The Danger Zone Lives: A (NO SPOILERS) review of Top Gun:Maverick

The Danger Zone Lives: A review of Top Gun:Maverick by William Gensburger
(No spoilers)
First, sequels usually disappoint. Second, Top Gun was originally released in 1986 with a twenty-fourish Tom Cruise, before he yielded much star power. While it was great back then, rewatching it now made it seem a bit campy and outdated.

Flash forward 36 years and we have a rarity; a sequel that is excellent and vastly superior to the original.
Where to start. Tom Cruise was 59 when he made this film–produced and starring in. Cruise does not look 59; far younger, not just in facial appearance but in his endless physicality. Every Tom Cruise film is an exhausting physical experience leaving the viewer with wonder at whatever regimen he uses. And honestly, send it my way.
Jennifer Connelly dazzles in this film as an old flame abandoned by Cruise’s Lt. Pete ‘Maverick’ Mitchell, mentioned in the original as one line that refers her by name. Now, a single mother of a teen, she’s runs the bar at TopGun.
I don’t want to give you a synopsis of the film because frankly, it’s an experience you want untainted. Go and be surprised. Remember when you’d go to a movie and just be delighted? This one will delight you. There are many scenes that touch back to the original story and you’ll thank me for not mentioning any of them.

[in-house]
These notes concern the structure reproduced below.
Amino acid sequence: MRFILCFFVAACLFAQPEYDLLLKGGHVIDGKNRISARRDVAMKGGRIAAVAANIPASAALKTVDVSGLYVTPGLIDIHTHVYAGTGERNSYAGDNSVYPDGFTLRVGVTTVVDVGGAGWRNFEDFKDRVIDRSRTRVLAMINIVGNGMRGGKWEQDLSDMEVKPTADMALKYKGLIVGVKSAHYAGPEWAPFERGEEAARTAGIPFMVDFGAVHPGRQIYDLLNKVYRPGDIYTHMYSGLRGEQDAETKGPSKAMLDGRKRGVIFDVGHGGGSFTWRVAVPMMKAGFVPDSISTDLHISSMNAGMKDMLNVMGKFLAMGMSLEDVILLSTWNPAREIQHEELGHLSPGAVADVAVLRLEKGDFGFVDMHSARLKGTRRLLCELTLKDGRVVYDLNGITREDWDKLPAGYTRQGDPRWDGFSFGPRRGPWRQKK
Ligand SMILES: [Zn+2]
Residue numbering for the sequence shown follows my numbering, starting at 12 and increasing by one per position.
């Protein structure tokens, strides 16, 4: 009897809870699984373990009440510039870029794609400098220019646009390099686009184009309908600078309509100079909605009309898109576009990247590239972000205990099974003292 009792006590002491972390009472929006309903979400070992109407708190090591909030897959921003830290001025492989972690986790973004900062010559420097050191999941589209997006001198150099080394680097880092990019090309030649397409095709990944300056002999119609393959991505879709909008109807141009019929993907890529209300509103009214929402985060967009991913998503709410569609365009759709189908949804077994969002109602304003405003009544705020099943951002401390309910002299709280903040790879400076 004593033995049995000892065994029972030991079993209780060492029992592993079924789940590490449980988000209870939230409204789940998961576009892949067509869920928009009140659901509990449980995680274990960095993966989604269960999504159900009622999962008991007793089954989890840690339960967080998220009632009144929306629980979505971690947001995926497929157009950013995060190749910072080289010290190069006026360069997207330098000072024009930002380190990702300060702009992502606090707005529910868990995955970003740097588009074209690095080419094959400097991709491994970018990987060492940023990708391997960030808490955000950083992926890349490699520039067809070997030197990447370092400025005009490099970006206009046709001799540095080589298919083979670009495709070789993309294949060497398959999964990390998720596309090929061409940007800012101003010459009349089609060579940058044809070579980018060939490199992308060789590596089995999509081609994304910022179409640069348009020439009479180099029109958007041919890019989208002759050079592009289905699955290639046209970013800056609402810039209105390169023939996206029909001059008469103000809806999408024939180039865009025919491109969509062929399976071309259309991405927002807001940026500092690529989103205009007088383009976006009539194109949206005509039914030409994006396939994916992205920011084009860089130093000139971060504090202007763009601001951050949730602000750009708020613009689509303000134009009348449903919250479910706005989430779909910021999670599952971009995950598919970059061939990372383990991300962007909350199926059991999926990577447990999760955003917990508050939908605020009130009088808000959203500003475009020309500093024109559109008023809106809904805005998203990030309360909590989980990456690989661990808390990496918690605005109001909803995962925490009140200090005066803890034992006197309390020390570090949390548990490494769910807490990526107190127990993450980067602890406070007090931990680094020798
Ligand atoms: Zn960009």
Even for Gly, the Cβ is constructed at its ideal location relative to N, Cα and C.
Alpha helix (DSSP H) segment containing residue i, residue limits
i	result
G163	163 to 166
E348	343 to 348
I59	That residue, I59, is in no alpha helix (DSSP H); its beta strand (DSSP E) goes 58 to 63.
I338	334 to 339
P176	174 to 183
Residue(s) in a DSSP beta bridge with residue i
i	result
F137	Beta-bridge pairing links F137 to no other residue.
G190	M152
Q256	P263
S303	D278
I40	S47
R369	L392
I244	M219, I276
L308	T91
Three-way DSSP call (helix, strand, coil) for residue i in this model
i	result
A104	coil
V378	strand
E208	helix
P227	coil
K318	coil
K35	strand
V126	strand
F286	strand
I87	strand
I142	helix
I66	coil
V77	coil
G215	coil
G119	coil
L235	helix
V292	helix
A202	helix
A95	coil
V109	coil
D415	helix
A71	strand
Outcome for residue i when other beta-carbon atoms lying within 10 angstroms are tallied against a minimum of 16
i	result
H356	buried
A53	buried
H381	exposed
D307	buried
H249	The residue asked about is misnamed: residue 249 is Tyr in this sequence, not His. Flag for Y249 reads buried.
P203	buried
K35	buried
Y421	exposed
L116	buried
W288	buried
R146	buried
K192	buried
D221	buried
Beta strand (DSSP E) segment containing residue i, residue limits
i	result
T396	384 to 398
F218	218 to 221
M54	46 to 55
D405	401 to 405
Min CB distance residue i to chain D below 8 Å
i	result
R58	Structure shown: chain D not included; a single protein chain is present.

I will say that the cast had to learn the F18 for authentic flight scenes and that included high-G moves after launching off an aircraft carrier. Cruise insists on authenticity and wherever possible does his own stunts to the degree that he often is injured—broken foot while filming the last Mission Impossible movie jumping across rooftops. Again, I’d like his list of vitamins and supplements, and whatever magic juice they might add to it because I’m a few years older than him and his movies make me want to take a nap.
Val Kilmer (Iceman) from the original is in this movie in a way that is fitting for the actor reprising his role, and the scenes are both poignant and even with some brevity.
Ed Harris, an actor I enjoy, who could also use some Tom juice, plays Cain, cranky, stubborn, but allows Maverick to step up on what is considered a suicide mission.
The dogfights are superb. Shot in a way that draws you in as a participant more than an observer. The story rich with twists and turns that keep you on the edge until it’s over and you find yourself wanting more.
I do suggest seeing it on a big screen theatre-which means checking your online seat booking for the auditorium with a large screen as many have smaller sized screens. It’s worth it. Or see it in IMAX.

Directed by Joseph Kosinski